It's an all-too common occurrence on my periodic forays into the world of internet poetry - writing weakened by a lack of fundamental knowledge concerning the essence of poetry writing. There are no rules set in stone about creative writing. The writer that strikes new trails can make a lasting impact on the world of poetry, but the chances of a writer stumbling upon golden words without a solid knowledge base are slim to none. The following tips for novice writers are intended to help shore up those fundamentals, to help the young writer breathe the essence of life into their poems, and to better share that essence with the reader.
The most important element you can inject into your poetry is imagery. Imagery is made up of sense data: color, sound, smell, temperature, the feeling of physical contact. When we remember anything with any vividness, we remember in images. When we fantasize or hallucinate, it is i
AbstractionAbstractionAbstraction8 years ago in Academic Essays More Like This
Abstract, abstraction and so on are words thrown around all the time in poetry, and often without much solid – or at least congruent – meaning.
An abstraction is literally a 'taking-away' from something, a vaguer look at a solid concept. For example, we could say that 'animal' is an abstraction from 'cow', or that 'person' is an abstraction from 'telephone repairman'.
An abstraction may also be an abstract noun, though, such as 'love', 'peace', 'death', 'fortune', etc.
Or it may be an abstract verb, such as 'eat' or 'move' or 'take'. More concrete verbs might be 'chew', 'walk' and 'grab', or might entail phrases such as 'eat with cutlery', 'move on foot' or 'take in his hand'.
The logic is that the word is a non-specific generalisation based on an observed event or series of events. All you need to know is that an abstract word is like using a generic template. Saying 'it was love' calls upon well worked, common (trite) concepts of what 'love' means. It contains noth
Metre Learning GuideSo. Metre.Metre Learning Guide8 years ago in Academic Essays More Like This
It has become a dirty word in some poetry circles.
It conjures images of withered, grey-haired men laboriously counting out beats and stresses whilst coughing up phlegm because of all the dust in their cramped and quasi-arcane libraries.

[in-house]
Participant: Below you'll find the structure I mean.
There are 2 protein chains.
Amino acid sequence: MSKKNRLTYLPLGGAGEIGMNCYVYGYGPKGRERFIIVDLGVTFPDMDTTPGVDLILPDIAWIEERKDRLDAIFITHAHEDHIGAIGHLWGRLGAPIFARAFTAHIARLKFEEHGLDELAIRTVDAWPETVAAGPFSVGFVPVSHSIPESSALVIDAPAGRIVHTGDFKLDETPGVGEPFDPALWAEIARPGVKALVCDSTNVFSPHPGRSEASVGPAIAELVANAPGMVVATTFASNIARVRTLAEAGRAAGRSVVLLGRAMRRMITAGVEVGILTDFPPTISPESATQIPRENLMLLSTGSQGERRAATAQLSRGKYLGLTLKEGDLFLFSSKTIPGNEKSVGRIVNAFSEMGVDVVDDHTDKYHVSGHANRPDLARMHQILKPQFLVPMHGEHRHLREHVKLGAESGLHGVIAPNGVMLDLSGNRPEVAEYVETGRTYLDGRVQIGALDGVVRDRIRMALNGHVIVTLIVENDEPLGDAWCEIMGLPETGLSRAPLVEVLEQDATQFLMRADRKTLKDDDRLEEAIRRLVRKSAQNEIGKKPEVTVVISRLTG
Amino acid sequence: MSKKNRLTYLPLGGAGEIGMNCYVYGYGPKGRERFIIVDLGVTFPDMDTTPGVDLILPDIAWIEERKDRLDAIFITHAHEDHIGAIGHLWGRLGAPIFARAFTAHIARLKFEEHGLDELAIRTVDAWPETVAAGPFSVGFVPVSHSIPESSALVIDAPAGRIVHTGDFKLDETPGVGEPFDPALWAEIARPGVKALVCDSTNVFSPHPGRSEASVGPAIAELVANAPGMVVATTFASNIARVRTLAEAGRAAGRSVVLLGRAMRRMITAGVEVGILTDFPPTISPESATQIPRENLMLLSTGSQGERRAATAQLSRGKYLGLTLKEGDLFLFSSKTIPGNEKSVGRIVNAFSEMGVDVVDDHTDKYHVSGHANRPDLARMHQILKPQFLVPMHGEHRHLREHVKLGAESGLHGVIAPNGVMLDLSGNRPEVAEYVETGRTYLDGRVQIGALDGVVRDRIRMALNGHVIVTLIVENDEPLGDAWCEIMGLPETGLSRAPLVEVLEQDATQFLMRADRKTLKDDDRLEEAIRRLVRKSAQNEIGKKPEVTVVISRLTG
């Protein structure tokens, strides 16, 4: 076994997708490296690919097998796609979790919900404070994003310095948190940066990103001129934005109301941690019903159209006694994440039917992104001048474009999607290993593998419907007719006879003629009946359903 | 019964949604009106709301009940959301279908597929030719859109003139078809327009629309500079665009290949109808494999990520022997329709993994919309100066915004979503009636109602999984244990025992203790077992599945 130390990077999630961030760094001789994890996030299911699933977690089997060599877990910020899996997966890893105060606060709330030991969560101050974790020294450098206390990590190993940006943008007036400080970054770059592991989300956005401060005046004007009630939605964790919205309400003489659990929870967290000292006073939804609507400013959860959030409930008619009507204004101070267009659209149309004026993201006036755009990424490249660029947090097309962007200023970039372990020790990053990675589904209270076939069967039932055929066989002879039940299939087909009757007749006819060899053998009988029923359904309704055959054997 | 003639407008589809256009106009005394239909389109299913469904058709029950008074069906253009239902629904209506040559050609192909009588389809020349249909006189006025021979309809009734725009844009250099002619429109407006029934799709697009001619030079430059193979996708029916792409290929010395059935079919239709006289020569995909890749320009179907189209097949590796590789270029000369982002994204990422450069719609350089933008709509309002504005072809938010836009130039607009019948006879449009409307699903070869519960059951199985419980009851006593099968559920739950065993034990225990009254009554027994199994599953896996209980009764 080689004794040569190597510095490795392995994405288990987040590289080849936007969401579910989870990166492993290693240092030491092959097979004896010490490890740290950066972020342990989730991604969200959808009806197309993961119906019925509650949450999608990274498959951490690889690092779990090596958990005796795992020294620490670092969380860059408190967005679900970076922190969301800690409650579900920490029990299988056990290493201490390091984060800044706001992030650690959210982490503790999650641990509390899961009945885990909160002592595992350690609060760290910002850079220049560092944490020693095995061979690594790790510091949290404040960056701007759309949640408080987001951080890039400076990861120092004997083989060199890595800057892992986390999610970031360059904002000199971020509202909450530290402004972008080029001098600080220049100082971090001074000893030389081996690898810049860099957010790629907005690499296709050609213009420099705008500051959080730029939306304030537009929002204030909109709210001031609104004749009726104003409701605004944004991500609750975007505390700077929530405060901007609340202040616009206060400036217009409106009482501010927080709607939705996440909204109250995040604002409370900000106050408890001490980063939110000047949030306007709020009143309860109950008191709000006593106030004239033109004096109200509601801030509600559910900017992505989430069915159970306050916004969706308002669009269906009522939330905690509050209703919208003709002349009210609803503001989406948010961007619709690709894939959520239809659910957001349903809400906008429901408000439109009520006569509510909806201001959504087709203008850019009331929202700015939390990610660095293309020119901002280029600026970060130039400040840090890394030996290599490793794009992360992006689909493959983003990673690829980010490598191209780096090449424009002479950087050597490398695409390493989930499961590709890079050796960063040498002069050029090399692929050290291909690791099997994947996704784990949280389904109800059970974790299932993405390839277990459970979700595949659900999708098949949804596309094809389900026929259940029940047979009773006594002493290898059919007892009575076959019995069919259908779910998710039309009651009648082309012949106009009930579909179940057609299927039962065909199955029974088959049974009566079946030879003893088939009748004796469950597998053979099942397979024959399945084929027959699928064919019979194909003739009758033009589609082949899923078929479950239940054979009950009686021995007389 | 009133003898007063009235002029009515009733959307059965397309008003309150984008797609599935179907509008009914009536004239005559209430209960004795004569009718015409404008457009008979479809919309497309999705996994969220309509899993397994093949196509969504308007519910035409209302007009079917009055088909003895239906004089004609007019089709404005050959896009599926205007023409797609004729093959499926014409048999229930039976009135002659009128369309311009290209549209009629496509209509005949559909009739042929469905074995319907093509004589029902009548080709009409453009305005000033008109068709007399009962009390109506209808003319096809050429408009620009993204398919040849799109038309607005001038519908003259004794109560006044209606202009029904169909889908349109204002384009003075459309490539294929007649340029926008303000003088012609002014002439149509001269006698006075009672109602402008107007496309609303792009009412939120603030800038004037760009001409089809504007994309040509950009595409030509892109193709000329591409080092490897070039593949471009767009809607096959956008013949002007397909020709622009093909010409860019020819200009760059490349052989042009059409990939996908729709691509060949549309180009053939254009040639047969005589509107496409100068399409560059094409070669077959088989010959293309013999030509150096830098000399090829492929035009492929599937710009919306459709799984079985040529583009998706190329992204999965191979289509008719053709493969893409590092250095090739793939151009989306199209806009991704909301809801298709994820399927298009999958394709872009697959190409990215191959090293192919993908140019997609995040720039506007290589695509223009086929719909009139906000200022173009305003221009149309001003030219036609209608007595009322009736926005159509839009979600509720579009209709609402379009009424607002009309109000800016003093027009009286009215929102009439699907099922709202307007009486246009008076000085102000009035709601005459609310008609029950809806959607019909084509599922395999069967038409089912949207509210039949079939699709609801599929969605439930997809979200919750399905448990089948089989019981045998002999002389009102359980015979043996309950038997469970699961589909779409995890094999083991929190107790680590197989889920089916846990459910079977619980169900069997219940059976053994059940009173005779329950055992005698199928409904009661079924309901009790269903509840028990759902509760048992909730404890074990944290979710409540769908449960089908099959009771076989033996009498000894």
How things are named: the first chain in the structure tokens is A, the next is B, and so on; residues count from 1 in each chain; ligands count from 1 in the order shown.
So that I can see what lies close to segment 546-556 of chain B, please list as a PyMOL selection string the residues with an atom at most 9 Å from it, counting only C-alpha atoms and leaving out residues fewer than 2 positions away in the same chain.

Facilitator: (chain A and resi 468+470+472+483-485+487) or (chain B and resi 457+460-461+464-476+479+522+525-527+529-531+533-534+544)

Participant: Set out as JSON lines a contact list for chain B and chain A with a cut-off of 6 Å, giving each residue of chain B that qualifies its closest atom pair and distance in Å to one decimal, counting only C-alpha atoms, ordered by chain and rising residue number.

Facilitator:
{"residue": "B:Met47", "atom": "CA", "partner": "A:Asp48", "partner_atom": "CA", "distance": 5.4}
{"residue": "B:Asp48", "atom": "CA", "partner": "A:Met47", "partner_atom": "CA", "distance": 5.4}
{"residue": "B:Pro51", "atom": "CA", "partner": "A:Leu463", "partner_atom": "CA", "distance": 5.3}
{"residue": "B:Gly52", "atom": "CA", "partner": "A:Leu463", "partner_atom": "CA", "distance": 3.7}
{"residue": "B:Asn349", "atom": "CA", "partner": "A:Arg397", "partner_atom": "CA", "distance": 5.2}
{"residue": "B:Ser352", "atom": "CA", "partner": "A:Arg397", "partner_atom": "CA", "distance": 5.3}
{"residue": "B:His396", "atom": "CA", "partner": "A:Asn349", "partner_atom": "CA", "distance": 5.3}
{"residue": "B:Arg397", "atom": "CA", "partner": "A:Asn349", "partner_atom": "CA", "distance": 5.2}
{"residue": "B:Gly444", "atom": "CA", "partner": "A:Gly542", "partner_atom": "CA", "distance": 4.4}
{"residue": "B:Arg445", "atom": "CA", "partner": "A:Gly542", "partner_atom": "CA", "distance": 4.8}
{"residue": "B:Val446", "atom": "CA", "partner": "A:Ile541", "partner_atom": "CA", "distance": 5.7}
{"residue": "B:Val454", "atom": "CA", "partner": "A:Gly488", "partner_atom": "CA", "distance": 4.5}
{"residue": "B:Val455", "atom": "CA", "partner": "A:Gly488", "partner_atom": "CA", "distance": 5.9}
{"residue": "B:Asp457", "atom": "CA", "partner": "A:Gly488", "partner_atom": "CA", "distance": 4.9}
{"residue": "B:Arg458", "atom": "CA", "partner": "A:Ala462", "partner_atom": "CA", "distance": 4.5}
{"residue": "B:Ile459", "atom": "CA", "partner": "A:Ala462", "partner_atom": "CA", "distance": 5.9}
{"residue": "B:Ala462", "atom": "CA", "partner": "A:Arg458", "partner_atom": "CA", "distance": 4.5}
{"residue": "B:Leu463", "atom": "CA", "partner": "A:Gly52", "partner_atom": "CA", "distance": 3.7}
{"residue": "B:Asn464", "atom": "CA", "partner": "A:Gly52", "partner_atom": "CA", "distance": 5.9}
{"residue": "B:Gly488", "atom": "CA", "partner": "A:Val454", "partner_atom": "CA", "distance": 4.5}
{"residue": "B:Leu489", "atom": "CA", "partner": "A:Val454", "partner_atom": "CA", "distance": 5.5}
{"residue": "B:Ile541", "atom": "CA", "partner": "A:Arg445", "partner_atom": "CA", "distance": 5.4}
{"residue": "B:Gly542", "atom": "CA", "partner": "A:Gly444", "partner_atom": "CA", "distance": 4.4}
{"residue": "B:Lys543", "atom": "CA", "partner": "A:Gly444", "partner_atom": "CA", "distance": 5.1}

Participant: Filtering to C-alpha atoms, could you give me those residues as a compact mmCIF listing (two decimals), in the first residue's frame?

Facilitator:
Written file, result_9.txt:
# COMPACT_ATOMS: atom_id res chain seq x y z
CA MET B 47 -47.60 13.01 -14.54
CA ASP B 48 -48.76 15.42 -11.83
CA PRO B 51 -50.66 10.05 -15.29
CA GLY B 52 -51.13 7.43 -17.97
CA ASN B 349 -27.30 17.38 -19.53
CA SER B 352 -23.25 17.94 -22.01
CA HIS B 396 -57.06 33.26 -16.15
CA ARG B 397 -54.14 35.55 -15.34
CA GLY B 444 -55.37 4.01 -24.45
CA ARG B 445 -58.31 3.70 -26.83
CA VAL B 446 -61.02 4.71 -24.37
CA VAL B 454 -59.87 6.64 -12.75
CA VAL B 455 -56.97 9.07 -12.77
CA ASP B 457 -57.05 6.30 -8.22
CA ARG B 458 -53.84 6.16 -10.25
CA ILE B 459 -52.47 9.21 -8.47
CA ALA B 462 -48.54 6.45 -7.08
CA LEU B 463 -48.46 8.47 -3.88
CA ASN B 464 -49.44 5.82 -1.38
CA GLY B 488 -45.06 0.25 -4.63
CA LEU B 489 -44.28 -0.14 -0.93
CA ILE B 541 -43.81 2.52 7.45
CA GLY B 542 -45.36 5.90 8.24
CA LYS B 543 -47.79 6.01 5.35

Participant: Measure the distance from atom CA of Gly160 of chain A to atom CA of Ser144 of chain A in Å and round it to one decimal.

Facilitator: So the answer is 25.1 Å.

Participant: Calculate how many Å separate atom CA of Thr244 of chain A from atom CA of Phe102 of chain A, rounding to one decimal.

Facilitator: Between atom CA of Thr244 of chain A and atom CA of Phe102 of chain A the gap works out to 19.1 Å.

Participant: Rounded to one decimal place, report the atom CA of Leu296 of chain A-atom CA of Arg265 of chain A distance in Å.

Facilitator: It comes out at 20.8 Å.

It really isn't all THAT bad, trust me.
So, without getting too 'old-man' technical - What is metre? what is it good for?
And, importantly, how does one use it?
Well, let's see if we can come up with some workable and easily understood answers by the end of this.
#1: What is metre?
Technical Language: The most well known metre, 'Accentual Syllabic Metre' is the rhythmic arrangement of syllables and patterns of stresses in a poetic line.
Translation: Metre is a poetic device that allows you to consciously orchestrate the flow of rhythm in a poem by paying attention to the natural rise and fall of the spoken word, and how to align those patterns of word-emphasis in an effective way.
#2: What is metre good for?
Basically, metre is
Lesson 1 - Basics of MeterQUOTE OF THE DAYLesson 1 - Basics of Meter8 years ago in General Non-Fiction More Like This
"Life is tons of discipline. Your first discipline is your vocabulary; then your grammar and your punctuation. Then, in your exuberance and bounding energy you say you're going to add to that. Then you add rhyme and meter. And your delight is in that power."
- Robert Frost
As Robert Frost is saying, meter and rhyme are not the most important parts of writing. They are the most intricate when creating poetry, but poems can be written without them. I began my poetry with free verse, and gradually became more and more fixed as I went on to learn more about how meter affects the poem, and how rhyme, alliteration, assonance, and the like also affect the reader's experience with a piece of poetry. And my free verse is all the better for it. Even if you never write another fixed poem after finishing this course, an intricate understanding of the rules of conventional poe